29 October 2012

Using 'Hidden Influence Inequality' To Explain Quantum Nonlocality

In 1964, physicist John Stewart Bell published his paper, "On the Einstein Podolsky Rosen paradox". In the paper, he derived his theorem, Bells Theorem, that states that - No physical theory of local hidden variables can ever reproduce all of the predictions of quantum mechanics. Local hidden variables refers to realism and the local causality theory where combined, it meant that distant events are assumed to have no instantaneous (or at least faster-than-light) effect on local ones.

This meant that classical mechanics cannot explain everything that is going on in quantum mechanics. Where classical mechanics would explain a set of physical laws describing the motion of bodies under the action of a system of forces in the real world, quantum mechanics deals with physical behavior at microscopic scales, where the action is on the order of the Planck constant (6.626068 × 10-34 m2 kg / s).

Albert Einstein felt that quantum mechanics was incomplete.

In his published series of lectures in 1921, "The Meaning of Relativity", he notes, "One can give good reasons why reality cannot at all be represented by a continuous field. From the quantum phenomena it appears to follow with certainty that a finite system of finite energy can be completely described by a finite set of numbers (quantum numbers). This does not seem to be in accordance with a continuum theory and must lead to an attempt to find a purely algebraic theory for the representation of reality. But nobody knows how to find the basis for such a theory."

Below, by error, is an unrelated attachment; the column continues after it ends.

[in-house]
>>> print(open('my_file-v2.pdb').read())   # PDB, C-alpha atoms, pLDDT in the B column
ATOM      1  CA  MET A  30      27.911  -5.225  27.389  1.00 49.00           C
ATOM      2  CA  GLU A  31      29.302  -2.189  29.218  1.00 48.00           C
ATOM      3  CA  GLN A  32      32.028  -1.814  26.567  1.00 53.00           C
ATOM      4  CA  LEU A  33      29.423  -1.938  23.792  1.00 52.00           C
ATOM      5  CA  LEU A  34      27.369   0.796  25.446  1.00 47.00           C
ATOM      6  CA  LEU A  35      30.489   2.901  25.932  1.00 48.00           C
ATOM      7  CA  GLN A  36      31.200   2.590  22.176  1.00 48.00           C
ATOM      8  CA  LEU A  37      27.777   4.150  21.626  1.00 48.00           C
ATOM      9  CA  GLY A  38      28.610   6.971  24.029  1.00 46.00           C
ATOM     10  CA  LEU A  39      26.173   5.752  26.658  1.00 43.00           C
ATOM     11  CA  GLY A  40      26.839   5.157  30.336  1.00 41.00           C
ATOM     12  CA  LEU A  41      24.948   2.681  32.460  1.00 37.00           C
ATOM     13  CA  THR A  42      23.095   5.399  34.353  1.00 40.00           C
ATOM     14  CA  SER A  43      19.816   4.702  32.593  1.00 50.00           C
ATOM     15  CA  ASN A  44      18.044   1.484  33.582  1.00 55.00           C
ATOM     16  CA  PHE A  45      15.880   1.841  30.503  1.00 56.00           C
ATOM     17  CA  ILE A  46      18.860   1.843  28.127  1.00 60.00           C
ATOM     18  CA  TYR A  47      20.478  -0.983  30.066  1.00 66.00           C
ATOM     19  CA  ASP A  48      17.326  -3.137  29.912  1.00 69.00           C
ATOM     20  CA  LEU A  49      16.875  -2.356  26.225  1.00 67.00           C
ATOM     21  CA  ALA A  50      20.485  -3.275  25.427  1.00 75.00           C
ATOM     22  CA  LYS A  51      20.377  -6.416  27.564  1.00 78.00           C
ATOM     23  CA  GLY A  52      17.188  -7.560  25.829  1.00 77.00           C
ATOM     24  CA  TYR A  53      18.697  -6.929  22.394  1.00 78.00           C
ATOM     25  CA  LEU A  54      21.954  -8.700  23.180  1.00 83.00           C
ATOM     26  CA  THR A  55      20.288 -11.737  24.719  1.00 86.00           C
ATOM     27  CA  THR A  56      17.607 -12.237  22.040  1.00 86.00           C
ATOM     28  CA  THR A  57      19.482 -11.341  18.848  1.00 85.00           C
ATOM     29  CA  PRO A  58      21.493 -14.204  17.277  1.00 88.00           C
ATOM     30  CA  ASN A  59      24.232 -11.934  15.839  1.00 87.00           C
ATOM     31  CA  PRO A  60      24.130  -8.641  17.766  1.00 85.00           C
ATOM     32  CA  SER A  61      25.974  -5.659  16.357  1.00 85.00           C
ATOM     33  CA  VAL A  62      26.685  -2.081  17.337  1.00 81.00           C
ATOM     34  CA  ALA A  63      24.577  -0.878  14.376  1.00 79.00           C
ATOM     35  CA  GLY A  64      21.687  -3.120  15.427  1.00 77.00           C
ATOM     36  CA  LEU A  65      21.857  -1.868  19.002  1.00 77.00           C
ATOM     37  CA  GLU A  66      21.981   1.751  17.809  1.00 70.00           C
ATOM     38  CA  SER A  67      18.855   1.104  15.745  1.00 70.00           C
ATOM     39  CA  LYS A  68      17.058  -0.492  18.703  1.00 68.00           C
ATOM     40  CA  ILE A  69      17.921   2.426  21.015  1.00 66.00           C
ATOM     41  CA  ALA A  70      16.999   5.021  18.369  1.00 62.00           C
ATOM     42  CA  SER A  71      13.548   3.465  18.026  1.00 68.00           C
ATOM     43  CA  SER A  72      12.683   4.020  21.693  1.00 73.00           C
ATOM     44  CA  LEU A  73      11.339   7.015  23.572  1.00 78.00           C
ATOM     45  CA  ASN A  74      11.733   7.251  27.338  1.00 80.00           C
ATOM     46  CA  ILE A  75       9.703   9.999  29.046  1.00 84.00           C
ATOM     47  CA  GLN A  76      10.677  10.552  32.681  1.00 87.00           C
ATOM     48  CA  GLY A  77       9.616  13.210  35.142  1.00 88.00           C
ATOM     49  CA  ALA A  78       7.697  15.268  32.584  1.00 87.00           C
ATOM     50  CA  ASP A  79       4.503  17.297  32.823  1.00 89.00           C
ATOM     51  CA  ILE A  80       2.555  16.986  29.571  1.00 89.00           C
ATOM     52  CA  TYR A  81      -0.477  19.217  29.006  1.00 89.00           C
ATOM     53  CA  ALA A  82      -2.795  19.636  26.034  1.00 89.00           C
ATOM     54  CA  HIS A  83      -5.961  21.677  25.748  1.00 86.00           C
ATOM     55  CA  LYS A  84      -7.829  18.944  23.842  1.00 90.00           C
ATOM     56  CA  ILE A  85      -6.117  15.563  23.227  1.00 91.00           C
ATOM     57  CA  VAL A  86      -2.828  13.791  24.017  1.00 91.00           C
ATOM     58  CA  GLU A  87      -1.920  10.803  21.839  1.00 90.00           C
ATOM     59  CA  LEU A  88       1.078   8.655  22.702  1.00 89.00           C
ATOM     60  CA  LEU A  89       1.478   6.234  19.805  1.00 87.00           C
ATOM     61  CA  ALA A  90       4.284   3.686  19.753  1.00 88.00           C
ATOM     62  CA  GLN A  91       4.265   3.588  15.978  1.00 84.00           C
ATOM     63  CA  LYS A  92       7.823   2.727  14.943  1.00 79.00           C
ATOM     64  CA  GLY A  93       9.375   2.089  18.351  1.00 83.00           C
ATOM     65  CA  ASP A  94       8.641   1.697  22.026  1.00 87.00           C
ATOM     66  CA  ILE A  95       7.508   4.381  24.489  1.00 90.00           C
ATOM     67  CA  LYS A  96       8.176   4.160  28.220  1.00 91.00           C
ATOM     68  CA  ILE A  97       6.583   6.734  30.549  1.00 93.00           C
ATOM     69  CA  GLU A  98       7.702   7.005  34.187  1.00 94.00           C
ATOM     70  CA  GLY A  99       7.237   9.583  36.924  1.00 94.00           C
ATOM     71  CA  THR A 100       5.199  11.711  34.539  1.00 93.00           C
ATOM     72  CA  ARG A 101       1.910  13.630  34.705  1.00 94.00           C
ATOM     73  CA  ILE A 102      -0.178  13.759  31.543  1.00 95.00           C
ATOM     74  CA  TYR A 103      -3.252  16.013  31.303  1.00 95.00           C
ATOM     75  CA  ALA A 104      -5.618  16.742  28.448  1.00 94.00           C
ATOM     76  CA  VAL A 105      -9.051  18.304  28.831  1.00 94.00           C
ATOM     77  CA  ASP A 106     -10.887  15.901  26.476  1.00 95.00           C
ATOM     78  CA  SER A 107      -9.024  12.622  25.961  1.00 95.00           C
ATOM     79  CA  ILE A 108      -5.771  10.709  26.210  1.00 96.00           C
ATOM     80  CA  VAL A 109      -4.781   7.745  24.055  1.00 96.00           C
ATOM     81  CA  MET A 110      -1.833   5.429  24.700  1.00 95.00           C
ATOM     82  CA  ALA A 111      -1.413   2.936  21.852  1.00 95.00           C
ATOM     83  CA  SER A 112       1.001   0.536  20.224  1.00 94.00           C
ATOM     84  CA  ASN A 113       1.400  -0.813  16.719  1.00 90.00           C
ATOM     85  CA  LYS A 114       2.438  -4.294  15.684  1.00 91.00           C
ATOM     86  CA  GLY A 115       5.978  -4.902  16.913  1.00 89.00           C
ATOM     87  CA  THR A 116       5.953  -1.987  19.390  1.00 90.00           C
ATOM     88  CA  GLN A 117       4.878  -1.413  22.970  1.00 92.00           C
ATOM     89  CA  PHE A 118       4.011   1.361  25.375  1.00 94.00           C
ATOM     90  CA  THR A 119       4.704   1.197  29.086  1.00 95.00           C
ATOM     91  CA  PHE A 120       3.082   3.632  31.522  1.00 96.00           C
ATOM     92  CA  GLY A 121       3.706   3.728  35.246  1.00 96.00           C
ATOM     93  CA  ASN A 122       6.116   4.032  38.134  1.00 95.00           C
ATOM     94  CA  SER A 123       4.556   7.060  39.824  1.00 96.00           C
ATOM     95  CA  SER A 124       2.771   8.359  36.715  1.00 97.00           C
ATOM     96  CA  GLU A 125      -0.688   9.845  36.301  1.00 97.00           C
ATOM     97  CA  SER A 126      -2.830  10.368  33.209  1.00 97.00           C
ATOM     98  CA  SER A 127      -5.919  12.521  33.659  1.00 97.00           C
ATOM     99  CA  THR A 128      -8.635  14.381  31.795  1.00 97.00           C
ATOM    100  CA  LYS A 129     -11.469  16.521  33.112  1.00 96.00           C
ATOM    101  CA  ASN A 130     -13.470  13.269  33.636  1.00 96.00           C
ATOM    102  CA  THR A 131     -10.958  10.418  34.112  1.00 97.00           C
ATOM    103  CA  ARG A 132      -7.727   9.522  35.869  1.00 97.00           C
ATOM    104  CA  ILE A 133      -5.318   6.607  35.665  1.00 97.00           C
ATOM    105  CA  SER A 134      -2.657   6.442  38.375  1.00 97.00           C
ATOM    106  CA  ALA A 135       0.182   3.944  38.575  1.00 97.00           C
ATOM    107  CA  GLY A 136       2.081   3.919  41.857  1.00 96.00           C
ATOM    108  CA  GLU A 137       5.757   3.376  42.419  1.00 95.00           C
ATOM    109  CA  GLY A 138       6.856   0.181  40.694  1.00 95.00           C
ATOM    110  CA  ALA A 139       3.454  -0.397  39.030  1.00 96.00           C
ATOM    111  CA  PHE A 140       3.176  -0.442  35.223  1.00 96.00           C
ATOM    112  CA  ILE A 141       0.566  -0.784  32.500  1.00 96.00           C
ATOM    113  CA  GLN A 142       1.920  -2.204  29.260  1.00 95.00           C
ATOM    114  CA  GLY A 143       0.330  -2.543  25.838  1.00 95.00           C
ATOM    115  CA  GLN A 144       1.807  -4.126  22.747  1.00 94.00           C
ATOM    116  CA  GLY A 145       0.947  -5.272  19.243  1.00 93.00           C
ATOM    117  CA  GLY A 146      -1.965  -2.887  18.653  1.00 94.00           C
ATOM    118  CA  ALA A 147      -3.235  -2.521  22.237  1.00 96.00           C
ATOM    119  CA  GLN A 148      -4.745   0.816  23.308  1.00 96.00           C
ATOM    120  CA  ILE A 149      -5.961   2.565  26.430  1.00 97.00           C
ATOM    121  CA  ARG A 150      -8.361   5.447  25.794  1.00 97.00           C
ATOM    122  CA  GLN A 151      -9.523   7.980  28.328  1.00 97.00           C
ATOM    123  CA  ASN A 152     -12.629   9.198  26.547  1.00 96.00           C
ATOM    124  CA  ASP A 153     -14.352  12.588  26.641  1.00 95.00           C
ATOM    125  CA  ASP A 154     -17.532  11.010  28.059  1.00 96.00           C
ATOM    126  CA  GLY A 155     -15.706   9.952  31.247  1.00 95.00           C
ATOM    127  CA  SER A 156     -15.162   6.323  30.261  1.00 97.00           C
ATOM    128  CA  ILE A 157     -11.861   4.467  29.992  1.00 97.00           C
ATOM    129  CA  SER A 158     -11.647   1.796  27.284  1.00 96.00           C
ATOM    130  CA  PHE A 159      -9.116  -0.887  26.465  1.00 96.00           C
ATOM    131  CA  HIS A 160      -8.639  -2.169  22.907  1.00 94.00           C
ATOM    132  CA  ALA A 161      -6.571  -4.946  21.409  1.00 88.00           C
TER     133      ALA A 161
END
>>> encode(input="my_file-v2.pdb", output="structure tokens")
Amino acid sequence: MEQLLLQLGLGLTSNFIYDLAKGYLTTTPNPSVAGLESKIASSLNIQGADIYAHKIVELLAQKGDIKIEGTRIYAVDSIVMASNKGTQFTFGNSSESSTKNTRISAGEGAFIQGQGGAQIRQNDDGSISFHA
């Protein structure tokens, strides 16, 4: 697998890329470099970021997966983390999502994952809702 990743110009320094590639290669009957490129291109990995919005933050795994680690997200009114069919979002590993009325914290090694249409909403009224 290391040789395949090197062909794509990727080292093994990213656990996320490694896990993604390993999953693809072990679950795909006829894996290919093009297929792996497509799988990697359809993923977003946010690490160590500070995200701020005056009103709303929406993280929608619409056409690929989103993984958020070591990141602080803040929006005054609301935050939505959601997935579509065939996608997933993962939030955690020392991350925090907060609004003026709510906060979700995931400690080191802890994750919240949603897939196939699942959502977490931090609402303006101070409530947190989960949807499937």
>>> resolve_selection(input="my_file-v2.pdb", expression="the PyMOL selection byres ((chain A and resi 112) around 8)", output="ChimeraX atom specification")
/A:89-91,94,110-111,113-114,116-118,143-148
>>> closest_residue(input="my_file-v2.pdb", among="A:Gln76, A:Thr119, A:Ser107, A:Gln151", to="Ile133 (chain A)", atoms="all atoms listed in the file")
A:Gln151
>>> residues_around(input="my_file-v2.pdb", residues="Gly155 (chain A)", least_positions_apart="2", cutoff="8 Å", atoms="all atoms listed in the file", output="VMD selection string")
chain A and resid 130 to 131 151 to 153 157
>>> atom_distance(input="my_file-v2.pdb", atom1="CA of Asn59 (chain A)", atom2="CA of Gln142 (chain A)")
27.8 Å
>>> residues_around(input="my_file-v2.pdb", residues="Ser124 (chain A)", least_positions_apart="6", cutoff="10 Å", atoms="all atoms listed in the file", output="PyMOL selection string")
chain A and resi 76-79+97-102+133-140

The EPR Paradox

Albert Einstein, Boris Podolsky and Nathan Rosen (collectively EPR) demonstrated this through a thought experiment known as the EPR Paradox.

They looked at quantum entanglement, a behavior where entangled particles behave as one even when separated by distance. With this, they came up with two explanations. Either the particles still have interaction or signal with each other despite being far away or that the outcome of all possible measurements has already been encoded (the effects are already prearranged) in both particles.

Since the first explanation goes against the theory of relativity (instantaneous interaction would need faster-than-light speeds), the second explanation would be logical. But since the variables for the information encoded in the particles are still 'hidden' and not yet known, quantum mechanics is incomplete.

It is this thought experiment that John Bell refuted with his theorem - No physical theory of local hidden variables can ever reproduce all of the predictions of quantum mechanics.

Quantum Non-Locality

Quantum non-locality means that particles in quantum mechanics exhibit bizarre behavior, like what is observed in quantum entanglement. It meant that measurements in quantum levels does not necessarily follow behavior set forth in classical levels.

Video: Quantum Non-Locality

But trying to explain quantum behavior such as entanglement meant that if there was a signal between the two particles, it would have to travel faster than the speed of light. This would go against Einstein's theory of relativity.

Hidden Influence Inequality